i p = 0.4463 ( F 3 RT ) 1 / 2 n 3 / 2 AD 0 1 / 2 C 0 * v 1 / 2
where ip(A) is the peak current at a given cyclic voltammetric scan rate (ν, V/s). The diffusion coefficient (cm2/s), concentration (moles/cm3), electrode area (cm2), and number of electrons transferred are D0, C0*, A, and n, respectively. F, R, and T are Faradays constant, the universal gas constant, and temperature (K), respectively.

When the response is determined by the amount of material on the electrode, the response is referred to as thin layer and the voltammograms have the shape of a Gaussian curve. The peak current for reversible conditions is defined as follows, where l is the thickness of the electroactive layer.

i p = n 2 F 2 v A l C 0 * 4 R T

The cyclic voltarnmograms for magnetized electrode at different scan rates are shown at FIG. 26. In FIG. 27, the cathodic peak currents are shown as a function of ν1/2 (where ν is scan rate) for both types of electrodes. Table 8 gives the analysis data for cathodic peak currents as a function of the square root of scan rates. The relation between cathodic peak current and scan rate is shown in FIG. 28 and the analysis data is listed in Table 9. Based on the correlation coefficients and near zero intercepts, we can tell that the electrodes with 2.5 μl and 5.0 μl slurry exhibit thin film characteristics. For the electrodes with 10.0 μl slurry, the response is diffusion controlled. Thus, for the thin films, all the material in the films is reduced during the scan for scan rates as high as 400 mV/s.

TABLE 8
The Analysis Data for Cathodic Peak Currents as a Function of the
Square Root of Scan Rate.
non-mag mag
2.5 μι 50. μι 10.0 μι 2.5 μι 5.0 μι 10.0 μι
slope 67.787 152.89 1015.8 164.83 335.11 1032.2
intercept −10.944 −30.923 −87.71 −33.972 62.491 −97.593
r2 0.9962 0.9873 0.9502 0.9946 0.9899 0.9983

TABLE 9
The Analysis Data for Cathodic Peak Currents as a Function of Scan
Rate.
non-mag mag
2.5 μι 50. μι 10.0 μι 2.5 μι 5.0 μι 10.0 μι
slope 78.044 178.62 1144.8 191.41 390.02 1192.2
intercept 2.0488 −2.1616 112.2 −2.7226 0.8549 99.439
r2 0.9788 0.9988 0.8944 0.9942 0.994 0.9872

The potential difference (Delta E) for non-magnetized and magnetized electrodes at different scan rates are listed in Table 10. It increases with scan rate between 86 mV and 114 mV. For magnetized electrodes, the potential difference is slightly smaller than that of non-magnetized electrodes at the same scan rate.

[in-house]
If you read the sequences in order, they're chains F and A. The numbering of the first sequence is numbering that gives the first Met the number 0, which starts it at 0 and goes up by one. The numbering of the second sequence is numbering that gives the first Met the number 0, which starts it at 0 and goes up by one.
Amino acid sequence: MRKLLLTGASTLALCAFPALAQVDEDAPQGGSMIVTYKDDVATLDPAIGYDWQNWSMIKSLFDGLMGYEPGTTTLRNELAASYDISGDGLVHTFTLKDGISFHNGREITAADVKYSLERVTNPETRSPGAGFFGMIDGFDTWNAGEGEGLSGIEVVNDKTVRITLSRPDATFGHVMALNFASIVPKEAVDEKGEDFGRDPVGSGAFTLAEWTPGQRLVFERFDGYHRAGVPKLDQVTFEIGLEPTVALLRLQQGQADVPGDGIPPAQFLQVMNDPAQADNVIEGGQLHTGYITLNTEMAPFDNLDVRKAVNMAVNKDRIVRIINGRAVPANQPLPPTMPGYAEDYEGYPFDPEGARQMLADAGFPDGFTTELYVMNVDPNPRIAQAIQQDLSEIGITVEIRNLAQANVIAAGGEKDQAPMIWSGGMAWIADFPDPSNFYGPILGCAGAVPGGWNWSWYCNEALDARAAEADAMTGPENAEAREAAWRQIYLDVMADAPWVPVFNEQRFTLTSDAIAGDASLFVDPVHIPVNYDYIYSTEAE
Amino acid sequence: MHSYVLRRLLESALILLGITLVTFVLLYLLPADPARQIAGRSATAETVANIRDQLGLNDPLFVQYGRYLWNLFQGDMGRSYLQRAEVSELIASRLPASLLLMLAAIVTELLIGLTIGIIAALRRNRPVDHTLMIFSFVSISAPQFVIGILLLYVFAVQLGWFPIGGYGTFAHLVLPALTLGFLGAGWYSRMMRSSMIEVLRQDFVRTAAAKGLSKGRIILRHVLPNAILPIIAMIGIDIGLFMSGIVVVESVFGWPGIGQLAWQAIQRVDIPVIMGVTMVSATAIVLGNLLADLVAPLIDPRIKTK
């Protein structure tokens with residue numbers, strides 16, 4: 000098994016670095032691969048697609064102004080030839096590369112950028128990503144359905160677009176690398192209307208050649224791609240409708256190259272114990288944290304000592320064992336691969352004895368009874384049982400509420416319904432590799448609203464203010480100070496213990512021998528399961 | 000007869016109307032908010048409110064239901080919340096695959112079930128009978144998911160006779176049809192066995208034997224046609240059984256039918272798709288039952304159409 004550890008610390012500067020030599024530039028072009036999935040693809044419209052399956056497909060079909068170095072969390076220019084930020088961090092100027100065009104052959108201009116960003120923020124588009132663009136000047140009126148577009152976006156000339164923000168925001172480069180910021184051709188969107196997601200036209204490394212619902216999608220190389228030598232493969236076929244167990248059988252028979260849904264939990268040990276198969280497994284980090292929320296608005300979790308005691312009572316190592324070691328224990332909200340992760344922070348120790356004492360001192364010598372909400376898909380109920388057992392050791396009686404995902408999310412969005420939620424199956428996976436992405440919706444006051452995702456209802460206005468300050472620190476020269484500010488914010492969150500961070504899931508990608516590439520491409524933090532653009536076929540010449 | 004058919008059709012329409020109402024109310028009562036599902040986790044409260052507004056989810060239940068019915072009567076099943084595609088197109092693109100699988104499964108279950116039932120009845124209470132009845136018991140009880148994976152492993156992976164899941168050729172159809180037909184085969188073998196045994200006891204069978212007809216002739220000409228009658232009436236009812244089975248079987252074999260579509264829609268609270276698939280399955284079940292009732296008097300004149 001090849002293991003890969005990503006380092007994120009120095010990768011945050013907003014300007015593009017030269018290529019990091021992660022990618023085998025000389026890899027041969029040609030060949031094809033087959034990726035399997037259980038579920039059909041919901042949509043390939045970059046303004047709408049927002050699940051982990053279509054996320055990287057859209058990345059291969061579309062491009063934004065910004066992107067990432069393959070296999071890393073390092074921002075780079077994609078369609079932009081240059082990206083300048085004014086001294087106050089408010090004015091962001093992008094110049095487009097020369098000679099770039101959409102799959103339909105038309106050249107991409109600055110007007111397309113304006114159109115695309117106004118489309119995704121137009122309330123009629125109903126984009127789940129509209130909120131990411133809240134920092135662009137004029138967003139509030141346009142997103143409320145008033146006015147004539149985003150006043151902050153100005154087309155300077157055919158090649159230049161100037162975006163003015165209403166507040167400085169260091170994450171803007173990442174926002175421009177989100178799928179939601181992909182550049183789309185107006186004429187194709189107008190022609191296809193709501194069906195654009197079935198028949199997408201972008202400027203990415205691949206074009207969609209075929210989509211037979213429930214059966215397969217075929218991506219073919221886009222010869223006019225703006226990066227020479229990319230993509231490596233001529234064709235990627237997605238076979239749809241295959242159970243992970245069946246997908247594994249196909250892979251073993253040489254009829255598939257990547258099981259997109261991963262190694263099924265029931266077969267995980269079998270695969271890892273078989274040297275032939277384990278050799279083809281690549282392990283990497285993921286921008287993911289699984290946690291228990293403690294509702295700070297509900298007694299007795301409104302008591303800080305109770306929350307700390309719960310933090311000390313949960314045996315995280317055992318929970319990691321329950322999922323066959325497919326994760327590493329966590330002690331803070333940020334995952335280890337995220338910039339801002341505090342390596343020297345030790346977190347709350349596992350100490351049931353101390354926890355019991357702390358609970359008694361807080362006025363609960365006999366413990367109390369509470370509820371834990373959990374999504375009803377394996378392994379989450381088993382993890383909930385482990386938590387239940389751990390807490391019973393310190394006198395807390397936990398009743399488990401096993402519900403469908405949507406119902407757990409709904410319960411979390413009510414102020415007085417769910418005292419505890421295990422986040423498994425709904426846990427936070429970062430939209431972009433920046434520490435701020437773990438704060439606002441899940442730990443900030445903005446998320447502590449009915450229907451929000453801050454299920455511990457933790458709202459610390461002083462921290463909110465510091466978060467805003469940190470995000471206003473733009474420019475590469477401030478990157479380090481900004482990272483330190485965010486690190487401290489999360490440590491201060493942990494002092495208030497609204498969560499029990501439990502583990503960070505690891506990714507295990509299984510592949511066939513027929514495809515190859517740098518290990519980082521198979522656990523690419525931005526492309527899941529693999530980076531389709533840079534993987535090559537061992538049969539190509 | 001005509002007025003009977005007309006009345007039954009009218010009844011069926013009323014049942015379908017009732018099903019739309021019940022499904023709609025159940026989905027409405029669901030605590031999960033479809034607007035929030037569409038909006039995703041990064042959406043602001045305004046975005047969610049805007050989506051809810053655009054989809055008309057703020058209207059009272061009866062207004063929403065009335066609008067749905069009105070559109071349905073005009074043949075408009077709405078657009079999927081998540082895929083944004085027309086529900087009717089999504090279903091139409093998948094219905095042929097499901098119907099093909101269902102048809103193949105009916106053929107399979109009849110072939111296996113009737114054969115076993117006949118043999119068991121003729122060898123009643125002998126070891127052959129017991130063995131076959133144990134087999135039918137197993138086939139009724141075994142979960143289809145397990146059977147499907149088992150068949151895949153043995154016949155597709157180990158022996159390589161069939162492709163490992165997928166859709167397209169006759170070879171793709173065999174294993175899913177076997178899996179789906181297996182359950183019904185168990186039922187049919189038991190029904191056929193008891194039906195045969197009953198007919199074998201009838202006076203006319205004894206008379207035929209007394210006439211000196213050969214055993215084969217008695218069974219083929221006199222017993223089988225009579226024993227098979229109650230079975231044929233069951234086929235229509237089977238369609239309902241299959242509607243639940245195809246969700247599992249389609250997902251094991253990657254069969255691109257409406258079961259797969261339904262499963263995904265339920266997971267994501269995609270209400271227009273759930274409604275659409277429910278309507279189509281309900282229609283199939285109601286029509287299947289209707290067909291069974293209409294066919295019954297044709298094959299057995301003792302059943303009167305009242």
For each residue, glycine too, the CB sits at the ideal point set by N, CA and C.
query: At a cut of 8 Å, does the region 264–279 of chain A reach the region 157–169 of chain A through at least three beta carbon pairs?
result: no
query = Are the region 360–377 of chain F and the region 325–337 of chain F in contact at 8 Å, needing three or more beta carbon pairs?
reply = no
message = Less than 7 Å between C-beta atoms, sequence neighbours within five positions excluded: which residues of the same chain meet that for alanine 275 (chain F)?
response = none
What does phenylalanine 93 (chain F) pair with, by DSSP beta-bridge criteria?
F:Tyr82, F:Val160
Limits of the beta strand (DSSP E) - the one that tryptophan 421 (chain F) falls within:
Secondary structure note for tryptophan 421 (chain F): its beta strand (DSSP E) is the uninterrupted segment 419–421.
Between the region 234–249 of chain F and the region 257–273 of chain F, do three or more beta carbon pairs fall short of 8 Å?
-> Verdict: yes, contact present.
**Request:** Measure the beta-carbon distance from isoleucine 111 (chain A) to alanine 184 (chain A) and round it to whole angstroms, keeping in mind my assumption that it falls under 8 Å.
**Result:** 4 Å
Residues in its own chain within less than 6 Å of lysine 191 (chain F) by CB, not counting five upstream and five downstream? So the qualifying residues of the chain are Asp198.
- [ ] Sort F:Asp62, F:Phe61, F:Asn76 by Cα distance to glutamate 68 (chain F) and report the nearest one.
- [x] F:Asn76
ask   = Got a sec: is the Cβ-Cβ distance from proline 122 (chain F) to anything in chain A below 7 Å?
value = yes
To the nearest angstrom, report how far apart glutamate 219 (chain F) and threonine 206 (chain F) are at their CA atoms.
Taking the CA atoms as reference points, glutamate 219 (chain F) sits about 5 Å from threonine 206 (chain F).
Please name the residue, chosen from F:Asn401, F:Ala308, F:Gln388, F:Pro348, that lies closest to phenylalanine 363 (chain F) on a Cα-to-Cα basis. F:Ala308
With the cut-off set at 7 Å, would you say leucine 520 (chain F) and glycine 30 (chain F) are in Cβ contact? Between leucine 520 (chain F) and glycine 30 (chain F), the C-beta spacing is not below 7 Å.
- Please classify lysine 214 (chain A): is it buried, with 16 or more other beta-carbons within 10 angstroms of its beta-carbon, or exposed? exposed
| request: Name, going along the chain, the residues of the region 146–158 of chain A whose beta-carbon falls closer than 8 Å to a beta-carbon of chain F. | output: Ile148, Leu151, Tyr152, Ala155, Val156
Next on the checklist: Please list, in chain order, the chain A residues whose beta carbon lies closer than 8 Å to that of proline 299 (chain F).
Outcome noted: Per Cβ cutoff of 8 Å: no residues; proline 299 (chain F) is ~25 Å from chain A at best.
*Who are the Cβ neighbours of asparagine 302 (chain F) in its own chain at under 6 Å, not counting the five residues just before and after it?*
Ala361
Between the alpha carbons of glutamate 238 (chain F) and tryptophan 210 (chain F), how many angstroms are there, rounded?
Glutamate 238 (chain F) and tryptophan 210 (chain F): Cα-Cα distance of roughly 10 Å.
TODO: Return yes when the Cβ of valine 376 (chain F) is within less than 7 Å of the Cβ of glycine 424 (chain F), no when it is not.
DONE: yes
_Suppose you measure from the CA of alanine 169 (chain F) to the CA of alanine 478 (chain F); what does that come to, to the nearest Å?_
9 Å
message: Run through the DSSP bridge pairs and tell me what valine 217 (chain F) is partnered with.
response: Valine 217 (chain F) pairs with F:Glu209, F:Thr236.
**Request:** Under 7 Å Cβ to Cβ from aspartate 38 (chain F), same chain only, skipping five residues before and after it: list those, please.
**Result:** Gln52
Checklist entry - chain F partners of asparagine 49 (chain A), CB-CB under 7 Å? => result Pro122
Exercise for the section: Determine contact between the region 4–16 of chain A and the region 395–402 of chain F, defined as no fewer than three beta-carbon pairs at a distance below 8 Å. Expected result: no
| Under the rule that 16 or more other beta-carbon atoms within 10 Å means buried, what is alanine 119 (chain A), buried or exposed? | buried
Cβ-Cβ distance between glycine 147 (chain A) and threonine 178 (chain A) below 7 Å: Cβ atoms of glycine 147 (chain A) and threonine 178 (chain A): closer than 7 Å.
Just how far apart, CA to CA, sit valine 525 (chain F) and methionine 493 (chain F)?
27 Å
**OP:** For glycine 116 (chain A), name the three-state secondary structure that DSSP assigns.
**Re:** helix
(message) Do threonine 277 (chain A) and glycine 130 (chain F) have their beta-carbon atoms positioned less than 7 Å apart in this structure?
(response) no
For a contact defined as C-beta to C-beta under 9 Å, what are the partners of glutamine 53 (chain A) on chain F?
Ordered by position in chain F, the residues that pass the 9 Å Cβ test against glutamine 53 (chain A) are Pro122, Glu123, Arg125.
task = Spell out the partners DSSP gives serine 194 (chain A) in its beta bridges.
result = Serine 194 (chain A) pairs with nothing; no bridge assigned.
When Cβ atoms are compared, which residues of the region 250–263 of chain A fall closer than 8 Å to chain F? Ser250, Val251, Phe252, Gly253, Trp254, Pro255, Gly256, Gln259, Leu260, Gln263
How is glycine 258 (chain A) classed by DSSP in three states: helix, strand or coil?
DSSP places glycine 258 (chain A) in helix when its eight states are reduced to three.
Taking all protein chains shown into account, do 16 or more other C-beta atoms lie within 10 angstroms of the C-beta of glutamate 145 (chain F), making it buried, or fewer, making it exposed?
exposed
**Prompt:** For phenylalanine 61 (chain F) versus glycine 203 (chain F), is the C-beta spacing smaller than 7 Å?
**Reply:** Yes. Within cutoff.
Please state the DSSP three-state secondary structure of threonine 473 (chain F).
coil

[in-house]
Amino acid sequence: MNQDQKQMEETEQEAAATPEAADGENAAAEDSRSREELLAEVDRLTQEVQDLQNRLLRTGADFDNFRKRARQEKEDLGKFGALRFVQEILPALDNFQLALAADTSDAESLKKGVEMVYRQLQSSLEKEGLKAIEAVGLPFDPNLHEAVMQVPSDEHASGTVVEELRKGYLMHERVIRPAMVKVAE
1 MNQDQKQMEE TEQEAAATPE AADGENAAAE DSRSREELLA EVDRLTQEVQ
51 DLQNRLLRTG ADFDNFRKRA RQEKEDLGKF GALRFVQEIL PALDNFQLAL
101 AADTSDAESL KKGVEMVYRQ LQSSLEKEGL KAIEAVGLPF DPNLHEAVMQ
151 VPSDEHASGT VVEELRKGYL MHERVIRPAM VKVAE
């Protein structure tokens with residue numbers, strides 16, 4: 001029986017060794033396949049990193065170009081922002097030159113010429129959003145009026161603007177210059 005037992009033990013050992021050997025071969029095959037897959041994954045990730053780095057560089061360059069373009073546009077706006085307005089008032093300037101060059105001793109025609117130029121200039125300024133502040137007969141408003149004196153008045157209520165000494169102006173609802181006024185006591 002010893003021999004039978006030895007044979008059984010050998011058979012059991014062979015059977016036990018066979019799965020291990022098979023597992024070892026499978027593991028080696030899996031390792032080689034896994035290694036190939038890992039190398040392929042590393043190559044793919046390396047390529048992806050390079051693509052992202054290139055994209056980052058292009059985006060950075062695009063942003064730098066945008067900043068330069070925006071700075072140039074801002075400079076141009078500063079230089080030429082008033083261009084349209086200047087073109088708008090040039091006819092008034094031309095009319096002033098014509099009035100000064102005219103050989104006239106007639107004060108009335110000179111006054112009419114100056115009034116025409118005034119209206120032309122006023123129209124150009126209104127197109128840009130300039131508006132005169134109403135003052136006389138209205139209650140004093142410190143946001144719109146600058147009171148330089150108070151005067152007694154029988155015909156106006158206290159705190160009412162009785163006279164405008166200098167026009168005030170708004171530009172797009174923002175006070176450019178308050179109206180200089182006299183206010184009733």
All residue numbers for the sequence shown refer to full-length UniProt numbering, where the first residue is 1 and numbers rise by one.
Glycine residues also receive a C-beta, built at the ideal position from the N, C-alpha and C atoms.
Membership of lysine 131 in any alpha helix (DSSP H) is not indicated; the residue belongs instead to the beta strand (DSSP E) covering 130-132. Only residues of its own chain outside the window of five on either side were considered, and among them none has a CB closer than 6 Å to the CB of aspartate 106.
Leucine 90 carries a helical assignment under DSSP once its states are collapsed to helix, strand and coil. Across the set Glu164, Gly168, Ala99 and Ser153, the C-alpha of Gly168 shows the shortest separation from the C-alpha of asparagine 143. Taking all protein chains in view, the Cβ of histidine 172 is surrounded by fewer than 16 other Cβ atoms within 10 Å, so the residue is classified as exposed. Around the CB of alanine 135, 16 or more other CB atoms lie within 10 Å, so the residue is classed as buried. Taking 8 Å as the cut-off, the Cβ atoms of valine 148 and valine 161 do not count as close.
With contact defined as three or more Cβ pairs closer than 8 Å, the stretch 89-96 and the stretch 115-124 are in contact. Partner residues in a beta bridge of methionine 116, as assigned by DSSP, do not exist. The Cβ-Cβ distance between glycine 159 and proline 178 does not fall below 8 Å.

TABLE 10
Delta E for Non-magnetized and Magnetized Ni(OH)2 at
Different Scan Rates.
Delta E (mV)
Scan Rate non-mag mag
(m/V/sec) 2.5 μι 50. μι 10.0 μι 2.5 μι 5.0 μι 10.0 μι
50 87 85 88 88 85 87
100 91 86 90 94 87 90
200 103 94 96 103 91 97
300 105 97 101 107 95 102
400 114 103 108 114 102 108

That there is a magnetic effect can be demonstrated by considering the peak currents found for magnetized and non-magnetized electrodes. It was noted that electrodes formed on the same day exhibited more similar characteristics. This may arise from settling and aging of the inks. The data shown in Table 11 were collected for nonmagnetized and magnetized electrodes and are paired electrodes formed on the same day. The currents were collected for 5.0 μl films at 200 mV/s. The average and standard deviation for 6 samples of pairwise ration is χ=2.69 and s=1.16. That this average is above 1.00 and there is a magnetic effect is determined from a one sided students t-test. For n samples and n−1 degrees of freedom, √{square root over (n)}tcalc=( χ−1.00)/s. The hypothesis that the system mean, μ<1.00, is rejected at a given confidence level provided that the t-value from a one sided t-table, ttable, is greater that tcalc. From the data in Table 8, tcalc<ttable for confidence levels as high as 99.5%.

TABLE 11
Pairwise Ratio of Magnetic to Nonmagnetic Peak
Currents for 5.0 μl Slurry at 200 mV/s.
ip (non-mag)/
ip (non-mag) (μA) ip (mag) (μA) ip (mag)
18.8 82.7 4.40
19.9 71.6 3.60
54.6 79.6 1.46
49.5 74.2 1.50
36.4 92.8 2.55
46.3 121.1 2.62
Average 2.69
St. Dev. 1.16

The activation process was also tested for both magnetized and non-magnetized electrodes. The results are listed in Table 12. At the first cycle (segment 1 and segment 2), both electrodes have no peaks corresponding to the interchange of Ni(OH)2 and NiOOH. Starting from cycle two (segment 3 and segment 4), both electrodes show the oxidation and reduction reactions for nickel hydroxide and nickel oxyhydroxide. The peak currents for the magnetized electrode are consistently bigger than those of the non-magnetized electrode at the same segment; this shows that the magnetized electrode was easier to activate than the non-magnetized electrode.

TABLE 12
Activation Performance for Magnetized
and Non-magnetized Electrodes Coated Only
With Nickel Hydroxide(v = 5 mV/sec).
Ep (mV) ip (μA)
mag non-nag mag non-nag
Segment 1 517 445
Segment 2 148 7.25
Segment 3 224 220 −35.5 −28.8
Segment 4 144 143 16.8 7.10
Segment 5 222 219 −43.6 −29.6
Segment 6 144 142 23.7 14.7

C. Optimally Formed Films
1. Nickel Hydroxide

The following data were collected using the best established protocol for coating Ni(OH)2 films. The data shown in Table 13 were collected for non-magnetized and magnetized electrodes and are paired for electrodes formed on the same day. The currents were collected at a scan rate of 200 mV/s. Unless otherwise stated, the films were formed with 5 μl of slurry.